National estimates of persons with disability are of great importance since they inform policy and program development. However, accurate estimation depends on accurate measurement, and disability measurement is still evolving. Using data from the 1994–1995 National Health Interview Survey and Disability Supplement, this study examines the relationship between functional and activity limitations and equipment use in order to characterize the influence of environmental factors on disability measurement. Our findings highlight the challenging methodologic issues related to measuring a concept of disability that reflects person–environment interactions.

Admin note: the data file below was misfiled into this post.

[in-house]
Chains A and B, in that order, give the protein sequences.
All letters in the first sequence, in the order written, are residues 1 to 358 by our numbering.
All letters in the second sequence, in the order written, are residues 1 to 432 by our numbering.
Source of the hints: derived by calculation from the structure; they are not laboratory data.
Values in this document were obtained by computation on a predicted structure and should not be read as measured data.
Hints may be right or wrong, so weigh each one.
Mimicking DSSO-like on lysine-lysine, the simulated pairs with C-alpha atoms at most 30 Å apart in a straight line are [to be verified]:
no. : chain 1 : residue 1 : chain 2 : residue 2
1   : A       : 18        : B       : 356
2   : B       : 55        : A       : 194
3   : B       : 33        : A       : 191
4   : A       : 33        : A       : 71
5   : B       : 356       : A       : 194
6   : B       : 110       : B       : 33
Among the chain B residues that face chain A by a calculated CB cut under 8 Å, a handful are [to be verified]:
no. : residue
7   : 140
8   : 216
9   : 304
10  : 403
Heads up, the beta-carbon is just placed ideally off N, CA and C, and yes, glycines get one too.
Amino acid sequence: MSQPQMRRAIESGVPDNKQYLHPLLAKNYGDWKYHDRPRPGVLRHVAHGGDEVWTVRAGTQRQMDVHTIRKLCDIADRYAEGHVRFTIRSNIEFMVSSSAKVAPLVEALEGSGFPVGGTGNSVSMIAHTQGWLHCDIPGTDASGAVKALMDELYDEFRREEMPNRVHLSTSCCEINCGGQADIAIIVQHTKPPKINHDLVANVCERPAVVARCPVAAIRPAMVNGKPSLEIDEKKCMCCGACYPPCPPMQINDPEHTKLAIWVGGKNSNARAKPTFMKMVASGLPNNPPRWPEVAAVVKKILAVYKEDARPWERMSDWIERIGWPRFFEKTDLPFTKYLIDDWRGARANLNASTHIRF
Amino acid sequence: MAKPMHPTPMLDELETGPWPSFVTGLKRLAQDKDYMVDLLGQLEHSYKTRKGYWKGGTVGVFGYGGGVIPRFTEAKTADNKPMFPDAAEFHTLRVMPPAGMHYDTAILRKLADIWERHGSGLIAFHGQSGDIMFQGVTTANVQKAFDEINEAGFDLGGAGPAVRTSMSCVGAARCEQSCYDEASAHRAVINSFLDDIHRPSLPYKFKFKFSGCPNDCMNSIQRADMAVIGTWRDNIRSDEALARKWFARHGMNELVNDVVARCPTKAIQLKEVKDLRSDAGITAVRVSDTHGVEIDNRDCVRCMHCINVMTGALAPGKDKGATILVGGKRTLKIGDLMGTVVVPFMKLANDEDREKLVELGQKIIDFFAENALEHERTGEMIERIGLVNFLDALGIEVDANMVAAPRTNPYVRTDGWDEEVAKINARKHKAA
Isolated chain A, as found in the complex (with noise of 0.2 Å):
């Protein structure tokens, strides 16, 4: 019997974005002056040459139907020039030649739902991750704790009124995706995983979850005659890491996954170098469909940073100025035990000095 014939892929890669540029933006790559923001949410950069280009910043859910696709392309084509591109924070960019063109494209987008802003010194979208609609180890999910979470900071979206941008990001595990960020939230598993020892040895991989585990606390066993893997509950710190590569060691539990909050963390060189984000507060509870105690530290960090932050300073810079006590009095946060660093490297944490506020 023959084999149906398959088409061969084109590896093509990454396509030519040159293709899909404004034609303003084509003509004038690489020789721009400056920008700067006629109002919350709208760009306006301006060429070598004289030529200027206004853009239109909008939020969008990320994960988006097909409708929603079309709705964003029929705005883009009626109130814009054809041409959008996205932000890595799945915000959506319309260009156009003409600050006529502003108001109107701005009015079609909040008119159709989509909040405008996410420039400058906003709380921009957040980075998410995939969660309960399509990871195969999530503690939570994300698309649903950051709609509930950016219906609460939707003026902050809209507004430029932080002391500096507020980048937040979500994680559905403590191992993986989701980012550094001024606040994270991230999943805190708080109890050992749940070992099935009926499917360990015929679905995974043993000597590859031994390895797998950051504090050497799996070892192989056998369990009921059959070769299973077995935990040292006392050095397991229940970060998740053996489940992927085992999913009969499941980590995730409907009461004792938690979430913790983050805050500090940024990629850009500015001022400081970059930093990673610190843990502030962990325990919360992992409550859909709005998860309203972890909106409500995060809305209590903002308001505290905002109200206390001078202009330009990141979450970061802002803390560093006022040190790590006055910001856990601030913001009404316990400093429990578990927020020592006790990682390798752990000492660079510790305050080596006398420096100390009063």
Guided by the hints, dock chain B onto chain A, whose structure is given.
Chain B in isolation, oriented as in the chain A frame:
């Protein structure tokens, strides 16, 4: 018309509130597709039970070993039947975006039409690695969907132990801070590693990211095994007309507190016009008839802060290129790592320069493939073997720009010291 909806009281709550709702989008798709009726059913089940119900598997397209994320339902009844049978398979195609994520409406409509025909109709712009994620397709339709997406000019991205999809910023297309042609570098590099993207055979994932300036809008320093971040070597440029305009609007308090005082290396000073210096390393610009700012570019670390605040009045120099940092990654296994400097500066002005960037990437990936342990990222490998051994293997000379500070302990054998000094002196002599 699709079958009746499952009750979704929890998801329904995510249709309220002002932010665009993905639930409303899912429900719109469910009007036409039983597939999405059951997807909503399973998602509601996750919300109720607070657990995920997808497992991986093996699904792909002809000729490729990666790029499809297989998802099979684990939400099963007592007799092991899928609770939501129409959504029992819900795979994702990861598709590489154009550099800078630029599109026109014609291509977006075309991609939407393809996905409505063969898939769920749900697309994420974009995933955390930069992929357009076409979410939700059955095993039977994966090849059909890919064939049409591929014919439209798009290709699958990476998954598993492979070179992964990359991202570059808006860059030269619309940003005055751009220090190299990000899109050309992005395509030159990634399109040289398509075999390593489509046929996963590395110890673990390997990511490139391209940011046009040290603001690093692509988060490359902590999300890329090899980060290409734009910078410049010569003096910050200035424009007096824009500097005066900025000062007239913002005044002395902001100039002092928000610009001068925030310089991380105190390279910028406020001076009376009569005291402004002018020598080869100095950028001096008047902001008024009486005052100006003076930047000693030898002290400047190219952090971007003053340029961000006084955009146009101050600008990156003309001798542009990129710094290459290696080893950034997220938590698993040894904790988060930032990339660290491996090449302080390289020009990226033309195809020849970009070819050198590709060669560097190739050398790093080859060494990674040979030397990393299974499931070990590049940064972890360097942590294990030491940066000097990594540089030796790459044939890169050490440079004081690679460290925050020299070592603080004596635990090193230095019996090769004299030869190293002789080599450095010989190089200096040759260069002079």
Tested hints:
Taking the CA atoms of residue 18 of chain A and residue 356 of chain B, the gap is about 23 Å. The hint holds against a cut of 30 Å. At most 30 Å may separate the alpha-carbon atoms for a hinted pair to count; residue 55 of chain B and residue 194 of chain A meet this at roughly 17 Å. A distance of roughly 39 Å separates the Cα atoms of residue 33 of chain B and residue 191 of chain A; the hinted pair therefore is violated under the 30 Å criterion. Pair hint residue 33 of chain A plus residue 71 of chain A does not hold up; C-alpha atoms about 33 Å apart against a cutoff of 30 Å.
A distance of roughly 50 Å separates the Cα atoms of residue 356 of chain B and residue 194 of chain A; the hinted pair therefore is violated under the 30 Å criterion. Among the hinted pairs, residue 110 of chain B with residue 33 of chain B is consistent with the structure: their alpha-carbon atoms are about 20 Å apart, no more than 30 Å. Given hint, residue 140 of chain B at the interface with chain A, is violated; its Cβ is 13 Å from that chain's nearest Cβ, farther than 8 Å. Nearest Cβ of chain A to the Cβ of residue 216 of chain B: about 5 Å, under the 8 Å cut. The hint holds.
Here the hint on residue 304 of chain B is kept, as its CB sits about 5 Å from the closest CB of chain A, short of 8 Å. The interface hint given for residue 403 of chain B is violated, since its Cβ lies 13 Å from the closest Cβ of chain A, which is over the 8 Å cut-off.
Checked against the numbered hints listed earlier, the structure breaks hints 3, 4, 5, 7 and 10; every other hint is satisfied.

Rasch, E.K., Altman, B.M. and Madans, J.H. (2006), "The Impact of Assistive Device Use on Disability Measurement", Altman, B.M. and Barnartt, S.N. (Ed.) International Views on Disability Measures: Moving Toward Comparative Measurement (Research in Social Science and Disability, Vol. 4), Emerald Group Publishing Limited, Bingley, pp. 247-262. https://doi.org/10.1016/S1479-3547(05)04013-3Download as .RIS
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